When Ernest Igual, director of St Dreux Coffee Roasters, saw the business’s revenue tumble by 70% at the height of the COVID-19 lockdown in April, he wondered if the roaster would survive.
“Nobody saw this coming. It happened so quickly. Inevitably you look at the situation and wonder what it all means, and will we make it through?” Ernest says.
Sydney-based St. Dreux sources green coffee from all over the world including Brazil, Guatemala, Ethiopia, India, New Guinea, and Indonesia, roasts and blends it, and sells it to cafes, mostly in Sydney but also in regional New South Wales and interstate. A relatively young business, it has been in operation for just 1.5 years and was still in what Ernest describes as the “business-building” phase when the pandemic hit.
When COVID hit, most of our plans had to be readjusted
“It’s always a challenging phase, when you are just starting out and you are investing for growth, but the business was going well. We’d received a positive response from the market, and we were achieving good growth in sales. When COVID hit, most of our plans had to be readjusted,” he says.
The uncertainty Ernest and his colleagues were feeling was not unique. Businesses across the coffee industry, and many other industries, were watching their revenue shrink or completely evaporate.
“At that time, no one, as far as I could observe, was really sure what was going to happen. People tried to remain optimistic but no one knew how long the restrictions would last and what that would mean for us,” says Ernest.
Fortunately for St. Dreux, its supplies were already in Australia. Other roasters were facing logistics issues such as delayed shipments that forced them to substitute ingredients until their coffee finally arrived from wherever it was stranded–whether at the mill or the port.
Still, around a quarter of St. Dreux’s customers closed their doors and while the majority tried to remain open in some way, they had to radically change the way they operated, many switching to takeaway. The impact on St. Dreux’s cashflow was dramatic.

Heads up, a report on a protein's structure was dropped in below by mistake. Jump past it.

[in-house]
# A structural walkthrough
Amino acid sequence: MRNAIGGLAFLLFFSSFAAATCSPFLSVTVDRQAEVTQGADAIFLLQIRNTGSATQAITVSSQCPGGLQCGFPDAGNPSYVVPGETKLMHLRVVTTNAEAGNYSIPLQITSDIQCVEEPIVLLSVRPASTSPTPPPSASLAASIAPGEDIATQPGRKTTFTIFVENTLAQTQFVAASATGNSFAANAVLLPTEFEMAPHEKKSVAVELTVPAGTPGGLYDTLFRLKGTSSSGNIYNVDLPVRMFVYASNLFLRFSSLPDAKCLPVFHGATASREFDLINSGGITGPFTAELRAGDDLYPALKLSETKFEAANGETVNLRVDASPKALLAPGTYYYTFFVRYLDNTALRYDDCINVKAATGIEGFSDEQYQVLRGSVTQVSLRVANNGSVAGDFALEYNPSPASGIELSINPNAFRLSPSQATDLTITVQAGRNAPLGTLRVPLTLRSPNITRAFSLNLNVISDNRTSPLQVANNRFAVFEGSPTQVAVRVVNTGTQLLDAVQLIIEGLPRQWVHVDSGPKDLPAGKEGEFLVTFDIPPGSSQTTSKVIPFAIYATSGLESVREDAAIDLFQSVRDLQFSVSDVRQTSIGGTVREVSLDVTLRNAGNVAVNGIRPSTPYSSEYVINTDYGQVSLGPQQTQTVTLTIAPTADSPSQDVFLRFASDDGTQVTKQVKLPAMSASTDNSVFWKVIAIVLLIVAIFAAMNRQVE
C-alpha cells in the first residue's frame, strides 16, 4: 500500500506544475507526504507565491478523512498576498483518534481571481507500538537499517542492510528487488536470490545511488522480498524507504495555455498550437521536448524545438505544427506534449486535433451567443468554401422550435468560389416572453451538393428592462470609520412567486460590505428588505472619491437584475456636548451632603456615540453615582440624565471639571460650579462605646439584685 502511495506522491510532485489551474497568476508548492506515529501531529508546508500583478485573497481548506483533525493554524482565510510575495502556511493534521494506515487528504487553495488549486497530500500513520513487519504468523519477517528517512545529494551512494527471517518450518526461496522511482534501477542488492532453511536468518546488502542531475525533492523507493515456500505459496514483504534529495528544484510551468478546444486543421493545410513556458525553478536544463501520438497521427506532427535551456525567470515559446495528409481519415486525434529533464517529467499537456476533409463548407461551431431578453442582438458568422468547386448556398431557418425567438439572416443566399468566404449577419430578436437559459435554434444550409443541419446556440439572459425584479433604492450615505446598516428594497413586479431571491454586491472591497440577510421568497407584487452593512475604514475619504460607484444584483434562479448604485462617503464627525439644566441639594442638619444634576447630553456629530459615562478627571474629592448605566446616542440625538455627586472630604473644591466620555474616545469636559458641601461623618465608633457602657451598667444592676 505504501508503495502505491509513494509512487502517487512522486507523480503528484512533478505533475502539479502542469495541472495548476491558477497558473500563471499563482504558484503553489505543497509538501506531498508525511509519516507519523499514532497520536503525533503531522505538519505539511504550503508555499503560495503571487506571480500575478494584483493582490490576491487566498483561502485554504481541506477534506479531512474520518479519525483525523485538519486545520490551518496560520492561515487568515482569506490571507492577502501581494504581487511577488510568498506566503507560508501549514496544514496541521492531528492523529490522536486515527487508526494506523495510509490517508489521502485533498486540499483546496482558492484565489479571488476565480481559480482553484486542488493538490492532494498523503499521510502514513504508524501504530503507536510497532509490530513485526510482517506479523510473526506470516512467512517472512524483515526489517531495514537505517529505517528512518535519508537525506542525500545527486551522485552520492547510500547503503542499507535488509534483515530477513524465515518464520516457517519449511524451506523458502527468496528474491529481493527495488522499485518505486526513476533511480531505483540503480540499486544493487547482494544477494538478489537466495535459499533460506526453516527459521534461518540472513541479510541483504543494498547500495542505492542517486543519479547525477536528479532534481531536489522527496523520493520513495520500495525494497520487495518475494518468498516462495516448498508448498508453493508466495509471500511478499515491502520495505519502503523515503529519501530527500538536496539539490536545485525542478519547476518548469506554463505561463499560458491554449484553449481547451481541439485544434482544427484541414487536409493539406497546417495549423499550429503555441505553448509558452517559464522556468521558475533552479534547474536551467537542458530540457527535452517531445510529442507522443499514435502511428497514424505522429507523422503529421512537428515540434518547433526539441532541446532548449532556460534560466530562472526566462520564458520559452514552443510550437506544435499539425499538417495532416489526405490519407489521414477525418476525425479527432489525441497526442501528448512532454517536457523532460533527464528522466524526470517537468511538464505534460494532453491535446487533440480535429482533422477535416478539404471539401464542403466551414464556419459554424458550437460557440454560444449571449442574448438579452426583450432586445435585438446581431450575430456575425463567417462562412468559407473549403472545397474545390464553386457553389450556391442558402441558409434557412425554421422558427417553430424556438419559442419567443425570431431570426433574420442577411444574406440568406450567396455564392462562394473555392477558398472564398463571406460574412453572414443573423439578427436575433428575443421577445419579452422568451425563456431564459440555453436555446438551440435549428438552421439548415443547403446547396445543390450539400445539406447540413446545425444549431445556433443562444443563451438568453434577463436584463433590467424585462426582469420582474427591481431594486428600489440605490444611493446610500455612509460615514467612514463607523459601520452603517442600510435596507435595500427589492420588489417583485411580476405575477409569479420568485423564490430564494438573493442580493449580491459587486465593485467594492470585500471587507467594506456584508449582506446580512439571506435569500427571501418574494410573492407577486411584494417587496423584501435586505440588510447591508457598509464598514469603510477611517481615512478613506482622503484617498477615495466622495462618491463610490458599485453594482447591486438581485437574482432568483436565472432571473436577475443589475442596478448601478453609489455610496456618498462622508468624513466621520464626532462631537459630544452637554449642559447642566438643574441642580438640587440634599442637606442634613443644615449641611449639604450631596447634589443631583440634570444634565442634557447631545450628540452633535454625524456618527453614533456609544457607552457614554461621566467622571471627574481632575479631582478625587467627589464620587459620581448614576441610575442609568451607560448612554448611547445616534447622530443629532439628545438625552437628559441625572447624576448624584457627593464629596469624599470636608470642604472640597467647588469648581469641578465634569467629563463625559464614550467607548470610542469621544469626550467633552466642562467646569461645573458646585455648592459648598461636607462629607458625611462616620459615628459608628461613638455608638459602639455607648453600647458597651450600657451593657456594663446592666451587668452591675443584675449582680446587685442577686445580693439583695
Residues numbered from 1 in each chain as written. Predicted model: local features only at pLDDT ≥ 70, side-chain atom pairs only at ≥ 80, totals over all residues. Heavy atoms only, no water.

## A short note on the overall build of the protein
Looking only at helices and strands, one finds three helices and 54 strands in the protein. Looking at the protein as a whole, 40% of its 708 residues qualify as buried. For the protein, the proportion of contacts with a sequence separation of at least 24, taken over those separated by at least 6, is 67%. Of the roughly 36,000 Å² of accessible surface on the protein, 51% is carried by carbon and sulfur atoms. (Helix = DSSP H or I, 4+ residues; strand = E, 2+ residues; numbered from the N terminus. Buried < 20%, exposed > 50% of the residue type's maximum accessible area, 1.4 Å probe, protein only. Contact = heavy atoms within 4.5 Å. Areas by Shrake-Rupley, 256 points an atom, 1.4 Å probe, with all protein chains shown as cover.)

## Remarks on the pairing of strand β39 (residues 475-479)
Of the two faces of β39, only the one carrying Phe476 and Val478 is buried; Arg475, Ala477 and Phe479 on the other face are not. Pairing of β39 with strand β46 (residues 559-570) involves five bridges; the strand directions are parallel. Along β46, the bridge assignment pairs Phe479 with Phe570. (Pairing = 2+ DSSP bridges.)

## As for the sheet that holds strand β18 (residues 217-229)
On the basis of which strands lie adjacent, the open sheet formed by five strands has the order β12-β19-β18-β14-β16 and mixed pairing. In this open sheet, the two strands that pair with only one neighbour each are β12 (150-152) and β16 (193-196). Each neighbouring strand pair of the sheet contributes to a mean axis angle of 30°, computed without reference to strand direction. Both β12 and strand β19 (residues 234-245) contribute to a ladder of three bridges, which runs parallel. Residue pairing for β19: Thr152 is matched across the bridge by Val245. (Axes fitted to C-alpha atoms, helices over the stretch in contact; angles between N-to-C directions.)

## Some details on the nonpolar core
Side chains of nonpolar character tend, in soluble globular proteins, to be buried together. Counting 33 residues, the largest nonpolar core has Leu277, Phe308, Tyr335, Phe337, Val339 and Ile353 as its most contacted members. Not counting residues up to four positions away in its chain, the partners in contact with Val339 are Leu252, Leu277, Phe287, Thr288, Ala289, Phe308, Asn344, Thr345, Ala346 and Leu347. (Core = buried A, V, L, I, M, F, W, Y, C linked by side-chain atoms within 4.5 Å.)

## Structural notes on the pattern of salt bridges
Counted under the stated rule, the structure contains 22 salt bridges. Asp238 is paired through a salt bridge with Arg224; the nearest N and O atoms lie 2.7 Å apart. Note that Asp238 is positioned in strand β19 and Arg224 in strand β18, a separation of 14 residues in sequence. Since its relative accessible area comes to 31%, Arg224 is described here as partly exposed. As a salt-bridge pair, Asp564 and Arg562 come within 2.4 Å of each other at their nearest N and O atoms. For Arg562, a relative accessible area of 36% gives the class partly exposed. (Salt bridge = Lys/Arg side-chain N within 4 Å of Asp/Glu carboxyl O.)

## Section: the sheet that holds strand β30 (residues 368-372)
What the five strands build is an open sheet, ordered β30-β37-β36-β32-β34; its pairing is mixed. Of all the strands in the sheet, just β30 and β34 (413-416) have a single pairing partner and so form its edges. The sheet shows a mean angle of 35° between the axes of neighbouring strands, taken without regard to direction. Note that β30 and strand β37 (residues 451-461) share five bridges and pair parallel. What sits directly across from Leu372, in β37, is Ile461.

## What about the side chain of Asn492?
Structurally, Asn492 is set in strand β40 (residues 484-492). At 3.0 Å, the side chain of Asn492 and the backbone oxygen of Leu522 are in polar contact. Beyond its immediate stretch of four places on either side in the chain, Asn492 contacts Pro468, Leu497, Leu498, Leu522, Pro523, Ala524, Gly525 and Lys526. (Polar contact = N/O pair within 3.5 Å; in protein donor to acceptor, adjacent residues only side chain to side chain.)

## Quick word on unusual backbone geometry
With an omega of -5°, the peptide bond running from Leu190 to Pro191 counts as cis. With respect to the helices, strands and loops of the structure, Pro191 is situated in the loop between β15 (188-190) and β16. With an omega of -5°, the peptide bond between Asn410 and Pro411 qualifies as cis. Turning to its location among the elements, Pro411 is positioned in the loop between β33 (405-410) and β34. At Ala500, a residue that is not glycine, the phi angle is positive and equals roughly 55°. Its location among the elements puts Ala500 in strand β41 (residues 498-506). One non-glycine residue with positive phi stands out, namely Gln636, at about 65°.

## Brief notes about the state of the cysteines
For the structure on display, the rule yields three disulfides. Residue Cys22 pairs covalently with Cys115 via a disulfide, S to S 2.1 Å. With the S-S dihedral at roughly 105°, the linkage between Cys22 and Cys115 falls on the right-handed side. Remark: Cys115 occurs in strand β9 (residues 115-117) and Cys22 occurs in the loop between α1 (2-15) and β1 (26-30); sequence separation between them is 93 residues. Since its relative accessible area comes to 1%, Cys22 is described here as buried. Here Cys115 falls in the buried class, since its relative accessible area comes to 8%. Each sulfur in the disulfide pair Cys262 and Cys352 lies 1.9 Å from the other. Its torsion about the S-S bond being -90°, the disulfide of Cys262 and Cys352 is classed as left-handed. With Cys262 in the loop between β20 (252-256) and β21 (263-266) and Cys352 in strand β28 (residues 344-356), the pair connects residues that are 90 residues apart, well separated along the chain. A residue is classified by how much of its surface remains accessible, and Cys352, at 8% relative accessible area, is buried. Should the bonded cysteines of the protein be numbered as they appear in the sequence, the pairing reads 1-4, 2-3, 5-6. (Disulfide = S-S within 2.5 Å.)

“Most businesses have terms with suppliers, so you are paying for yesterday’s goods with this week’s revenue and you’ve already incurred a lot of those costs. To have your revenue stream effectively cut down by a huge amount, cashflow takes a huge hit,” he says.
“But you have to be optimistic and try to manage your way out of it, and not focus on the downside.”
Rather than sitting back and waiting for things to return to normal, St. Dreux decided to grow its way out of the slump by actively seeking new customers and boosting revenue.
“The main goal was to try and maintain our capability to produce and operate because if we lost that, then that would seriously compromise our business over the long run. We wanted to maintain all our staff and there’s only about 10 people in the whole organisation, so even losing one person means you’re down 10%,” Ernest says.
JobKeeper allowed St. Dreux to retain its employees in the short term however the firm wanted to have a long-term plan in place to ensure it could still pay its employees when JobKeeper was inevitably withdrawn. An aggressive customer acquisition strategy had the potential to revive revenue but required a capital injection.
How Finstro helped
To provide the necessary equipment for its new customers, St. Dreux would need to invest significantly. St. Dreux turned to Finstro, which provided the firm with fast access to an unsecured line of credit it could use to manage its cash flow more easily.
“It just gave us some breathing room,” Ernest says.
So far, the growth strategy and investment seem to be paying off for St. Dreux. The roaster has managed to almost double its customer accounts from pre-COVID levels, and this has brought volumes in line with where they were prior to the pandemic.
“Of course we’ve had to pay the cost associated with attracting new business, but it’s been worth it. We have adapted – we didn’t want to be in a position where we were relying on the COVID situation to reverse, because it may not,” Ernest says.